Battery and Benchmarks
So as far as battery life went I got just over a day out of it. Now my definition of a day is starting at about 8am till about 10 – 11pm, your definition may differ.
This usage pattern consisted of listening to Spotify and browsing social media with some YouTube video playback. During use it’s worth pointing out that the HTC One A9 didn’t become as warm as the S6 Edge Plus did under the same load. Sure the A9 was ever so slightly warm but that was it. Although I did end up tethering a quite a bit through it and the temperature did increase a bit it was on the whole rather cool. A bit of thermal expulsion is to be expected.
Now as far as synthetic benchmarks go the HTC One A9 did pretty well. With just under 5 1/2 hours on the battery test and it also scored 738 on the single core test and 3072 on the multi score. The Samsung Galaxy S6 Edge+ destroyed the HTC One A9 in testing, but then again in a real world usage they don’t feel all that to far apart.
Screen and Sound
As I mentioned in the specs list, the HTC One A9 has a 5 inch AMOLED 1080p display which by they way looks gorgeous. HTC have managed to reproduce colours well and at the right temperature and just looking great in both in and out of sunlight. Though one thing you may have to do is crank the brightness up a little to see the screen in rather bright, direct sunlit, situations. Not a deal breaker but just something to note.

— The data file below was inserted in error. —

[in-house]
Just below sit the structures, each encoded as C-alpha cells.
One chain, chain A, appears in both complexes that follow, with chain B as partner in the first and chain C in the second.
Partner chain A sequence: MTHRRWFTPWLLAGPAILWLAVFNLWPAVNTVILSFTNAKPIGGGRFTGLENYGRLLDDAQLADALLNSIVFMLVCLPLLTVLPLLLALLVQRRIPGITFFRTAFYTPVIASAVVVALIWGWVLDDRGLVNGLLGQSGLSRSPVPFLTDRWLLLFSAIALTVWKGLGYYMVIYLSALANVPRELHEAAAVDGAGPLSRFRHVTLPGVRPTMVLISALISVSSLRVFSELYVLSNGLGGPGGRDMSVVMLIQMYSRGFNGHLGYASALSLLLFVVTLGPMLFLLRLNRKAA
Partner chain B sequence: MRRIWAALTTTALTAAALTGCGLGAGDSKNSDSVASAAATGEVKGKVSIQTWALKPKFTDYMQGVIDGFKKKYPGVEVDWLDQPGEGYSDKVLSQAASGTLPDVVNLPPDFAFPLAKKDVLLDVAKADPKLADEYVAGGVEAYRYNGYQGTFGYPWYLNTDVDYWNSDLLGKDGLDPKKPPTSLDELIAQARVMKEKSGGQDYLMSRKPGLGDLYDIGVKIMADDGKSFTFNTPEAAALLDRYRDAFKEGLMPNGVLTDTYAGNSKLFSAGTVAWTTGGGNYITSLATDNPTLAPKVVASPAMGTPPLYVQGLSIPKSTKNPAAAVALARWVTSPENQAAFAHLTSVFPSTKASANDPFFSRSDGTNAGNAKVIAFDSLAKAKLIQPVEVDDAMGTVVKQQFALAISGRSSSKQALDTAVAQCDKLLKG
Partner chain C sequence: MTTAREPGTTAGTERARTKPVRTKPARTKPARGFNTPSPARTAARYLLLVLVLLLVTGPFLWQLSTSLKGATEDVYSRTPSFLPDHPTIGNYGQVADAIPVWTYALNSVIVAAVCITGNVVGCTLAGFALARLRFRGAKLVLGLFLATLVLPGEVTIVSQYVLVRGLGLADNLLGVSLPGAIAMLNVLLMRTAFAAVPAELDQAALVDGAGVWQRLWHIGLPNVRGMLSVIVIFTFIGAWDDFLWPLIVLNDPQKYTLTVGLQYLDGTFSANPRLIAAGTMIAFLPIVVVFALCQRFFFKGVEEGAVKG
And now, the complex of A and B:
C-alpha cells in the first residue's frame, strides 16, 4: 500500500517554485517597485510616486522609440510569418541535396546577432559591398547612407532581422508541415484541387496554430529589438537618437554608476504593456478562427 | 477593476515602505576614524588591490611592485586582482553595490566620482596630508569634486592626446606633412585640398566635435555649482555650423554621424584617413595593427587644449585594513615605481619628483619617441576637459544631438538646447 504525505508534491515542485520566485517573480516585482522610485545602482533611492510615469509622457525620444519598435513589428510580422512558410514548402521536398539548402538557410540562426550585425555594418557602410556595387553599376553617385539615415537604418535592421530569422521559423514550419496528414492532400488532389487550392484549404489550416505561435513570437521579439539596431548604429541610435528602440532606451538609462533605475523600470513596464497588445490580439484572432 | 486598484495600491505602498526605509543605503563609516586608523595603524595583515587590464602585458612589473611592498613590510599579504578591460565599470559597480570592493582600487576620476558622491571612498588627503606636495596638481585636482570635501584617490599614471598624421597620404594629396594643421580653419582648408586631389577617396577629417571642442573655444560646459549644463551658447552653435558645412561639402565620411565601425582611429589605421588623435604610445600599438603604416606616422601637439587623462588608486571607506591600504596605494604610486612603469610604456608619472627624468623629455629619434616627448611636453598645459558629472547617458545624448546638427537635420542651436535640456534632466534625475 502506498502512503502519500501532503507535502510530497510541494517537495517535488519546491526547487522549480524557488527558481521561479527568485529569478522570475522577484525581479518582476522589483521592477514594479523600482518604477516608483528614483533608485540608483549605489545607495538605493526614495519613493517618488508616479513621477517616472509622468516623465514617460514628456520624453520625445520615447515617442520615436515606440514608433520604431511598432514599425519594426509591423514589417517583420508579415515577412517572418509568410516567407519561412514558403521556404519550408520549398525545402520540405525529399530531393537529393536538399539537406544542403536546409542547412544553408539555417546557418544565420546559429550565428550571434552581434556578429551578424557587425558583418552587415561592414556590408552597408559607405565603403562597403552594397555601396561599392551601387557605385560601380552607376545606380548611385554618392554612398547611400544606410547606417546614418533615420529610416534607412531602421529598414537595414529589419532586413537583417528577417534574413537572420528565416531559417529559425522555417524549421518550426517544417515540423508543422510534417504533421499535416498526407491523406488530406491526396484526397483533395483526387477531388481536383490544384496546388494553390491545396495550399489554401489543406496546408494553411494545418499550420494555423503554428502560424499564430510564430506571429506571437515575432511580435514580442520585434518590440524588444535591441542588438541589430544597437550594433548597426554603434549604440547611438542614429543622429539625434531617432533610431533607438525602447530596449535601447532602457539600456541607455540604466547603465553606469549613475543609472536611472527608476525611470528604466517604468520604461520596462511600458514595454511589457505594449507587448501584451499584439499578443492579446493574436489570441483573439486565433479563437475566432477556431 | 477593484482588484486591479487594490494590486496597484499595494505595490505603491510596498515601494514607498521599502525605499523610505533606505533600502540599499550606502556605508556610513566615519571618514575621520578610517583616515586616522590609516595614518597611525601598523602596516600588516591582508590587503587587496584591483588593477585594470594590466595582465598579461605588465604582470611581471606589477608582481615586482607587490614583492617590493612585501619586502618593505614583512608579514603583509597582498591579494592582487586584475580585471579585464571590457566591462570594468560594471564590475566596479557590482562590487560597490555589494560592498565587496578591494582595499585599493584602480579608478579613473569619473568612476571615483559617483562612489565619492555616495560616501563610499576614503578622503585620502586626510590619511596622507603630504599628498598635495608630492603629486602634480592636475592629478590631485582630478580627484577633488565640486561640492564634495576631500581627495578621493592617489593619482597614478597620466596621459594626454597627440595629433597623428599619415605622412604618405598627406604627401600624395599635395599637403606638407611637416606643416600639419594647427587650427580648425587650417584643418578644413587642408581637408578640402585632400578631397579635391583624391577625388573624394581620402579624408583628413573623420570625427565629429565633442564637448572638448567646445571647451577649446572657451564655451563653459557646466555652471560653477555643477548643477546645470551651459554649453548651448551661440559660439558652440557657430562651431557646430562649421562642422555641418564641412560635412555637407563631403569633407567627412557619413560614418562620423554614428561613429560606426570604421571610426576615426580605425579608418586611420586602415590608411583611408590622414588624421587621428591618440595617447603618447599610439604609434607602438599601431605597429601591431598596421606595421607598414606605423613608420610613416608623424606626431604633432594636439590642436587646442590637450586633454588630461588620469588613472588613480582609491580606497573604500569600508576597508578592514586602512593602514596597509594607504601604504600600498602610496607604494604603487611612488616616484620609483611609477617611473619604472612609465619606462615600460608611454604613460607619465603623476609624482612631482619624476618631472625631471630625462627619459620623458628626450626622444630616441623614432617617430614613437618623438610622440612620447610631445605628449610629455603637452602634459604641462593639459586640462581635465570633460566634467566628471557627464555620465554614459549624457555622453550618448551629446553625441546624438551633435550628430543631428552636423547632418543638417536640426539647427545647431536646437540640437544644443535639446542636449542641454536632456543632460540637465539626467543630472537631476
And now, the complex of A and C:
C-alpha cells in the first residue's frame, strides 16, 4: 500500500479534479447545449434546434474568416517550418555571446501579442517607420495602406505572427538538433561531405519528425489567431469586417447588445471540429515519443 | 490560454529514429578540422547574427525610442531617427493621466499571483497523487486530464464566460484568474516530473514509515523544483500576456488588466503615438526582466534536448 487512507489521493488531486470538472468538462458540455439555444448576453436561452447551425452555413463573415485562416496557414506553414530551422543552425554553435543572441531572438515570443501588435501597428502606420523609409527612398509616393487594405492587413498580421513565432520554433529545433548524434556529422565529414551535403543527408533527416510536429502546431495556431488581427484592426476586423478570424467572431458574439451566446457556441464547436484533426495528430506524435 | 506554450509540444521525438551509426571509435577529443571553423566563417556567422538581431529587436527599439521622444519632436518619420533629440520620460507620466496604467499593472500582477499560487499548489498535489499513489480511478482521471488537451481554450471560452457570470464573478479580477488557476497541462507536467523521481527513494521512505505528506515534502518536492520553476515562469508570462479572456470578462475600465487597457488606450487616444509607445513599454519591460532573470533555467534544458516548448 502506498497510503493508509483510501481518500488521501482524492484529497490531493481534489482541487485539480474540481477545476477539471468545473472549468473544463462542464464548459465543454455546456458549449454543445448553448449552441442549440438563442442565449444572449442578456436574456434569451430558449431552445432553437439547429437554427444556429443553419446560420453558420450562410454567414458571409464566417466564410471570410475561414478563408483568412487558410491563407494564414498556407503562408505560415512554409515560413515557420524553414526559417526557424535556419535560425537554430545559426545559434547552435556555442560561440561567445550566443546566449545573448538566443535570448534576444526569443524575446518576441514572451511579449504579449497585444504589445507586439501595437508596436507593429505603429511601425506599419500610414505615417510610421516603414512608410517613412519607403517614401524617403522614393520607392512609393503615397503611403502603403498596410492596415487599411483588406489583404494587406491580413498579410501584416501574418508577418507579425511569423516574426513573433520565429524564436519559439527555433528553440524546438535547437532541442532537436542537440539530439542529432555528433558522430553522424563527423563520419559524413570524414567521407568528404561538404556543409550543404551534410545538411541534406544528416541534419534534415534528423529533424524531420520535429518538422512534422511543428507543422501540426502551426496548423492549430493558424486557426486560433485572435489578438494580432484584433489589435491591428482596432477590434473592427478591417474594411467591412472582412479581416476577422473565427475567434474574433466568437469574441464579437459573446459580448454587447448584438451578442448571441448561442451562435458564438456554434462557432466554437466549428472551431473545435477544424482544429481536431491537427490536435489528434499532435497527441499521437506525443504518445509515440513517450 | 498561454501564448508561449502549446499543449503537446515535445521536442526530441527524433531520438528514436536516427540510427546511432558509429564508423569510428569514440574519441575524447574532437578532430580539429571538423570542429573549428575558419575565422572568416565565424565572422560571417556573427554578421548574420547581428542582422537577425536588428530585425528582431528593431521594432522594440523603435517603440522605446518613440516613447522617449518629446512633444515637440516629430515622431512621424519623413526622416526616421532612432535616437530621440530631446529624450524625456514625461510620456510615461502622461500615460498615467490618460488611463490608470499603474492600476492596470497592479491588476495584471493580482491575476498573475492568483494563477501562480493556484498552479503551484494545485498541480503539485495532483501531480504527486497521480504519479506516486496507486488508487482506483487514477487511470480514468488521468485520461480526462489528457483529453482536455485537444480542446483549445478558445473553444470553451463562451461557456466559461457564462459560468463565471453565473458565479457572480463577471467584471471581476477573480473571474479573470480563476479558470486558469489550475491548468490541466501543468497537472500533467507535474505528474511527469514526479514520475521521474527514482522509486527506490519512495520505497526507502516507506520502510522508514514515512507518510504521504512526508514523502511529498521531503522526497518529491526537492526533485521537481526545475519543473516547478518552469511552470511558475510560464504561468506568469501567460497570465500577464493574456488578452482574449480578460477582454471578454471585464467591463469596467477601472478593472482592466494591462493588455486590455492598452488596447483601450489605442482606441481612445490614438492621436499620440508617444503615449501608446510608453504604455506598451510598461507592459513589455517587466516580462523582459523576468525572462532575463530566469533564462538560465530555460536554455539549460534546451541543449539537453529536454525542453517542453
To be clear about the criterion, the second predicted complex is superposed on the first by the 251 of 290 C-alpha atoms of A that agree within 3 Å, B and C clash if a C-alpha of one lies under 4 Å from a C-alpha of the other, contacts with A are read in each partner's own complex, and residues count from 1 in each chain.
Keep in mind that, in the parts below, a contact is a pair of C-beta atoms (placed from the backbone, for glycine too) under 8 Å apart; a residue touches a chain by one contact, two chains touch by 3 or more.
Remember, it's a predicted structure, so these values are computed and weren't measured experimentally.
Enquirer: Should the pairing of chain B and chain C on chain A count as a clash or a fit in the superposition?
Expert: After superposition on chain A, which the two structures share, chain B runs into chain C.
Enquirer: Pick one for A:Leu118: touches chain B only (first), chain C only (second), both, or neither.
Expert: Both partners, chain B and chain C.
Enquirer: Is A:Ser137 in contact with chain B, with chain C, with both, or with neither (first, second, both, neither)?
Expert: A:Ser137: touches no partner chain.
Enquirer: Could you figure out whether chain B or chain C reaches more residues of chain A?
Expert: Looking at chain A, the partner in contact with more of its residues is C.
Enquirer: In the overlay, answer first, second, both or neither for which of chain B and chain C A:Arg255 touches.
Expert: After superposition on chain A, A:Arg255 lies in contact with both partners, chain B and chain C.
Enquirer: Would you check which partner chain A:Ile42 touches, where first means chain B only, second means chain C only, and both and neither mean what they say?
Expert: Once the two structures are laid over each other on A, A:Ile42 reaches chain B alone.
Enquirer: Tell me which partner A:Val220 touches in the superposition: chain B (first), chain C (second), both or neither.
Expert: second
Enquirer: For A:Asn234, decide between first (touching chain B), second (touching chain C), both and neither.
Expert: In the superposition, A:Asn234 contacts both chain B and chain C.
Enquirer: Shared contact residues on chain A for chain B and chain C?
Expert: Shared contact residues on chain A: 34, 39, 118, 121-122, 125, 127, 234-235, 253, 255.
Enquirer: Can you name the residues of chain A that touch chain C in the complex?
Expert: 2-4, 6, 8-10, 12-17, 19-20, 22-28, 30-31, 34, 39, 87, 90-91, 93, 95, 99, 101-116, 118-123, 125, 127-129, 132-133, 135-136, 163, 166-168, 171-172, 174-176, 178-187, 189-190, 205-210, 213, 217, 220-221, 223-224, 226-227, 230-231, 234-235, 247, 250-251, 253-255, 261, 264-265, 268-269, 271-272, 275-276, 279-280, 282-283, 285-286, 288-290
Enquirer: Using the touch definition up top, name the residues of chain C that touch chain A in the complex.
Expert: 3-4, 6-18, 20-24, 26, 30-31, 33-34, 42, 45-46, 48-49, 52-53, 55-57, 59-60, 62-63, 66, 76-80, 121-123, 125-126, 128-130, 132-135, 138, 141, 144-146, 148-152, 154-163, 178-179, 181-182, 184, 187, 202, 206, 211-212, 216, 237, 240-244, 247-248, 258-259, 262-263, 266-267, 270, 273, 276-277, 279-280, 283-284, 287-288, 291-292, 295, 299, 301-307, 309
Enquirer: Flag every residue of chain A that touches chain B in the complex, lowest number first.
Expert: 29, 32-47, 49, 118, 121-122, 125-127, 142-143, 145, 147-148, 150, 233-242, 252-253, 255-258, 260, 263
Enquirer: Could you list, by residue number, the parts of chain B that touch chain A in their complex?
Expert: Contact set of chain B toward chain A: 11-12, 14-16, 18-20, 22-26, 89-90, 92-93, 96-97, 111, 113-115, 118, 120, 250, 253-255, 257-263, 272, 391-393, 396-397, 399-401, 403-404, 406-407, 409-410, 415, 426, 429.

Sound…what a let down. Now if you’ve you followed the One line since the M7 you’ll have heard of Boomsound. Something that carried across to the M8 and M9. Well guess what… No Boomsound here. What a let down HTC. They’ve dropped the Boomsound, a key selling point for many, and instead replaced it as the flagship feature with a fingerprint scanner. Dumb move. Whilst yes mobile payments and fingerprint scanners are slowly making their way in to the mainstream they aren’t quite here yet with the exception of Apple Pay. We’d have liked to have seen Boomsound or a derivative carried over to the HTC One A9. Though the little speaker doesn’t sound bad, it doesn’t sound that great either. In one word…meh. The sound just doesn’t do the HTC One line justice.
So one thing I really did like about the HTC One A9 was the camera. Being positioned in the centre of the device, up top meant that it was pretty damn hard to accidentally cover it up whilst take pictures and videos – something few phones can boast. Talking of videos it doesn’t take some bad ones either.